Fever Ray

Karin Elisabeth Dreijer is a Swedish singer-songwriter and record producer. Dreijer was one half of the electronic music duo the Knife, formed with xer brother Olof Dreijer. Xe was previously the vocalist and guitarist of the alternative rock band Honey Is Cool. Dreijer released xer debut solo album under the alias Fever Ray in January 2009. Xer second studio album, Plunge, under the same alias, was released in October 2017.
Dreijer's vocal style is notable for both shrill and deep tones, and also the use of multitracked vocals, with different uses of pitch-shifting technology on each track, creating an intricate and mysterious effect. Visually, xe employs the use of masks, face and body paint, intricate costumes, and other theatrical elements in photo shoots, videos and live performances, during which xe often performs behind a gauze screen that partially obscures the audience's view. In 2018, Dreijer announced on Fever Ray social media accounts that xe uses the pronoun "xe".

Description provided by Wikipedia under Creative Commons Attribution CC-BY-SA 4.0

Read more
Collapse
Top SongsAlbum
1
Falling (Glasser Remix)Falling (Glasser Remix)2:54
2
CoconutFever Ray6:48
3
Triangle Walks (Live in Lulea)Fever Ray (Deluxe Version)4:21
4
Mustn't Hurry (Aasthma Remix)Mustn't Hurry (Aasthma Remix)5:38
5
To The Moon And Back (NAR Remix)To The Moon And Back (NAR Remix)2:57
6
Now's The Only Time I Know (Live in Lulea)Fever Ray (Live In Lulea)3:54
7
When I Grow UpNordic Lights4:30
8
If I Had A Heart (Live in Lulea)Fever Ray (Live In Lulea)5:06
9
When I Grow Up (Scuba Straight Down Mix)When I Grow Up5:54
10
Plunge (DJ Marfox Remix)Plunge (DJ Marfox Remix)3:50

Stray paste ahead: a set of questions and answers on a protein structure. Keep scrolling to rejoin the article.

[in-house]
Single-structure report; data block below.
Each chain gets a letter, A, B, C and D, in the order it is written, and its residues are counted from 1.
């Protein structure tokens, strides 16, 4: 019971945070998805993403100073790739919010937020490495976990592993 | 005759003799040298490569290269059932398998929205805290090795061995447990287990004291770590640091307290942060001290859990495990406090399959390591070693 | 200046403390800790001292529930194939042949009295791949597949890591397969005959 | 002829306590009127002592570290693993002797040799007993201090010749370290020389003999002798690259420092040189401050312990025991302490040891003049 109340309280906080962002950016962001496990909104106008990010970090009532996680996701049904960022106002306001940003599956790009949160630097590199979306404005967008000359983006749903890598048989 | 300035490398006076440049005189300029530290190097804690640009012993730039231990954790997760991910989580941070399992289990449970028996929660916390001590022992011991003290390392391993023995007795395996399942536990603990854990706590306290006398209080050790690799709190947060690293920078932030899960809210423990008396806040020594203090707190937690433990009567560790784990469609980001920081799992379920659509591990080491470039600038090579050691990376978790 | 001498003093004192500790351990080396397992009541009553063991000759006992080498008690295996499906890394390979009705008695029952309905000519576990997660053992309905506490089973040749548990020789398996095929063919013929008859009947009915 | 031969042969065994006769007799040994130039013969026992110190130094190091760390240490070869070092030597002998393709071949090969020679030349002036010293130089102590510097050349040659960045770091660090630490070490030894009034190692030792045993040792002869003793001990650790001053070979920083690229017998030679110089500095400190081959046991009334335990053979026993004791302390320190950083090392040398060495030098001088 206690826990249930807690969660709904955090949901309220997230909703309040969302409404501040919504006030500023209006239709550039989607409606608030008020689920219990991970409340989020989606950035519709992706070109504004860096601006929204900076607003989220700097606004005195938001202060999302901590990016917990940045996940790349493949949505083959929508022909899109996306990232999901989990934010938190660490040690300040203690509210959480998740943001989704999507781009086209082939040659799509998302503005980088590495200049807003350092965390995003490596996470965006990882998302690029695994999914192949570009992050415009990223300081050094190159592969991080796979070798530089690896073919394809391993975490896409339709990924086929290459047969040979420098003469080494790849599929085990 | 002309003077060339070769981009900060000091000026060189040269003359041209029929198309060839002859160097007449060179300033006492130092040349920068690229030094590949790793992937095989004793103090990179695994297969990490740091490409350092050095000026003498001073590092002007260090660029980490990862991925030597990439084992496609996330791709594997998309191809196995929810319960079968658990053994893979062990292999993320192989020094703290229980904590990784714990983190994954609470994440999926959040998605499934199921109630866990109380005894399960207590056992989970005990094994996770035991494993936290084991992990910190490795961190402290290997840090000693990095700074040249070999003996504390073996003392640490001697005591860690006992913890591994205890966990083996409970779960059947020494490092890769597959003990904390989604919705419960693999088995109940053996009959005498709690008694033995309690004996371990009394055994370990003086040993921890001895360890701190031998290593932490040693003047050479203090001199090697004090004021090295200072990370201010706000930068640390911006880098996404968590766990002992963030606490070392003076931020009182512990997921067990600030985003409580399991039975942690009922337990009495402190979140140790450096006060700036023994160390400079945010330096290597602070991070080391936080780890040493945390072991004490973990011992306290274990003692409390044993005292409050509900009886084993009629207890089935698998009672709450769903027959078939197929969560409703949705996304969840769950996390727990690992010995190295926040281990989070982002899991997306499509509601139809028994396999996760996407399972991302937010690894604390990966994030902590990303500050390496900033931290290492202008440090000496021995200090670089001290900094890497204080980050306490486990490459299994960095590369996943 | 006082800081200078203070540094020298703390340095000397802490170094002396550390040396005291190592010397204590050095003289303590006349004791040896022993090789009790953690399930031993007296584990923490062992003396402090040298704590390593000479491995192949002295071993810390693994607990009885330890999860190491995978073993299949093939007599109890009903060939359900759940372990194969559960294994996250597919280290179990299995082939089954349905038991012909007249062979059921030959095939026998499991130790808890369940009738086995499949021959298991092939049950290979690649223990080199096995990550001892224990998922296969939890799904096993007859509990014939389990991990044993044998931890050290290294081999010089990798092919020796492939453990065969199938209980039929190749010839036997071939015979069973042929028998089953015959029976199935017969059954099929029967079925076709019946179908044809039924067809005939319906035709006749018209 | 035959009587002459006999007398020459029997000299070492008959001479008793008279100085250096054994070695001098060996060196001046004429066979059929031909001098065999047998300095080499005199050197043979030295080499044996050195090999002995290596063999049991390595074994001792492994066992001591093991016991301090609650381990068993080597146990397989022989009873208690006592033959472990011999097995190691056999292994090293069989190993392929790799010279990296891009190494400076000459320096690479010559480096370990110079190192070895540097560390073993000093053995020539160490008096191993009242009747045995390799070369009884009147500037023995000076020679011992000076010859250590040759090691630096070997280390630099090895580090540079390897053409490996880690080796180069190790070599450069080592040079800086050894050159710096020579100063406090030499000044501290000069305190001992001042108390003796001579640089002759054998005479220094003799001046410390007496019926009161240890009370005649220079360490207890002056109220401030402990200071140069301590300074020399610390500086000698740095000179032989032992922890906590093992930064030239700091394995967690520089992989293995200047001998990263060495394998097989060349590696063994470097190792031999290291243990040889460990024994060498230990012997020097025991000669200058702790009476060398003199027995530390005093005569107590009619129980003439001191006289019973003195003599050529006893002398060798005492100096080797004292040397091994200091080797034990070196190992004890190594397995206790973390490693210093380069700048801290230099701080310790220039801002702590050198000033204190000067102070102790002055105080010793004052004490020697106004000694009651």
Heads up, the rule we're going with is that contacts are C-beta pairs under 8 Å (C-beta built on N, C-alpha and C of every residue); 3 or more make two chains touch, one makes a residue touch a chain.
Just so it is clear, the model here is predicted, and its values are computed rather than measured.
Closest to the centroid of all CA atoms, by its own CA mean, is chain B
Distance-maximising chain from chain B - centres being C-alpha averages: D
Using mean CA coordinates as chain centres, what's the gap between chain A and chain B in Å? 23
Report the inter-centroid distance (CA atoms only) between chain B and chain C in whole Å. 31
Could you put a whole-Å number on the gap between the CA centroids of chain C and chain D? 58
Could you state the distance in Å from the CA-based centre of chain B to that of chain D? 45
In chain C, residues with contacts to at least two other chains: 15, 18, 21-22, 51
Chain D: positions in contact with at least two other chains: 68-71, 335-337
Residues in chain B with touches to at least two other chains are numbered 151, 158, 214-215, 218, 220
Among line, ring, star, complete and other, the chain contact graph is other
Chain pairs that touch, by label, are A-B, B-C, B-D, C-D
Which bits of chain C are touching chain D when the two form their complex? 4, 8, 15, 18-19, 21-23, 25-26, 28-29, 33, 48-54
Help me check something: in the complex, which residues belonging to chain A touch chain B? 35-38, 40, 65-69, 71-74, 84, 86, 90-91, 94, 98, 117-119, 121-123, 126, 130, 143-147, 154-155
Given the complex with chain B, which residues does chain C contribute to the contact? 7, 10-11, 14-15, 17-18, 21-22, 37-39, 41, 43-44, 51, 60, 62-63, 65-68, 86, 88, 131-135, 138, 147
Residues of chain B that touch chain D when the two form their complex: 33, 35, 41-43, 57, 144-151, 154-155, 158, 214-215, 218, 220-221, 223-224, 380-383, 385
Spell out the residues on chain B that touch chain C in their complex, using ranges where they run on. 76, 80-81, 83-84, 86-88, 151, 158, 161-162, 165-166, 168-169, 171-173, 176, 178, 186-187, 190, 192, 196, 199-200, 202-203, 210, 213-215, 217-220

At first, it's a little difficult to determine where the Knife ends and Fever Ray begins. On paper, it's clear -- the Knife is the project of Karin Dreijer and her brother Olof, while Fever Ray is Karin with co-producers Christoffer Berg, Van Rivers, and the Subliminal Kid -- but the differences aren't as distinct when listening to Fever Ray the first few times. Initially, the album's dark, frosty atmosphere feels like a continuation of the Knife's brilliant Silent Shout, and the oddly bouncy rhythms on songs like "Triangle Walks" and "Coconut" recall the duo's exotic-yet-frozen Nordic/Caribbean fusion. Eventually, though, Fever Ray reveals itself as far darker and more intimate than anything by the Knife. The Knife's spooky impulses are usually tempered by vivid pop instincts that Fever Ray replaces with a consistently eerie mood, particularly on "Concrete Walls," which feels like an even grimmer cousin of Silent Shout's "From Off to On." However, Fever Ray's mix of confessional lyrics and chilly, blatantly synthetic and often harsh sounds make this album as successful an electronic singer/songwriter album as Björk's Homogenic. These are some of the most alluring and disturbing songs Dreijer has been involved in making: the excellent album opener "If I Had a Heart" explores possibly inhuman need with a churning, almost subliminal synth and murky bass driving Dreijer's pitch-shifted vocals (which sound more like a different part of her psyche than a different character in the song); when her untreated voice comes in, keening "will I ever ever reach the floor?" she sounds even more frail and desperate by comparison. The rest of Fever Ray follows suit, offering fragile portraits and sketches that walk the fine line between intimate and insular. Dreijer further expands on the storytelling skills she developed on Silent Shout: the characters in her songs feel even more resonant and unique, especially on "When I Grow Up," which is as fascinatingly fragmented as a child's train of thought, skipping from sentiments like "I'm very good with plants" to "I've never liked that sad look by someone who wants to be loved by you." She also has an eye for unusual details, as on "Seven"'s "November smoke/And your toes go numb." It all comes together on the haunting "Now's the Only Time I Know," where the low end of Dreijer's voice sounds especially vulnerable and the lyrics fill in just enough to be tantalizing. At times, Fever Ray threatens to become a little too mysterious, but it never sounds less than intriguing, from the layers of claps and castanets that make up the beat on "I'm Not Done" to "Keep the Streets Empty for Me"'s almost imperceptible guitars. With almost tangible textures and a striking mood of isolation and singularity, Fever Ray is a truly strange but riveting album. [A deluxe edition, containing a DVD of bonus material was released in 2009.]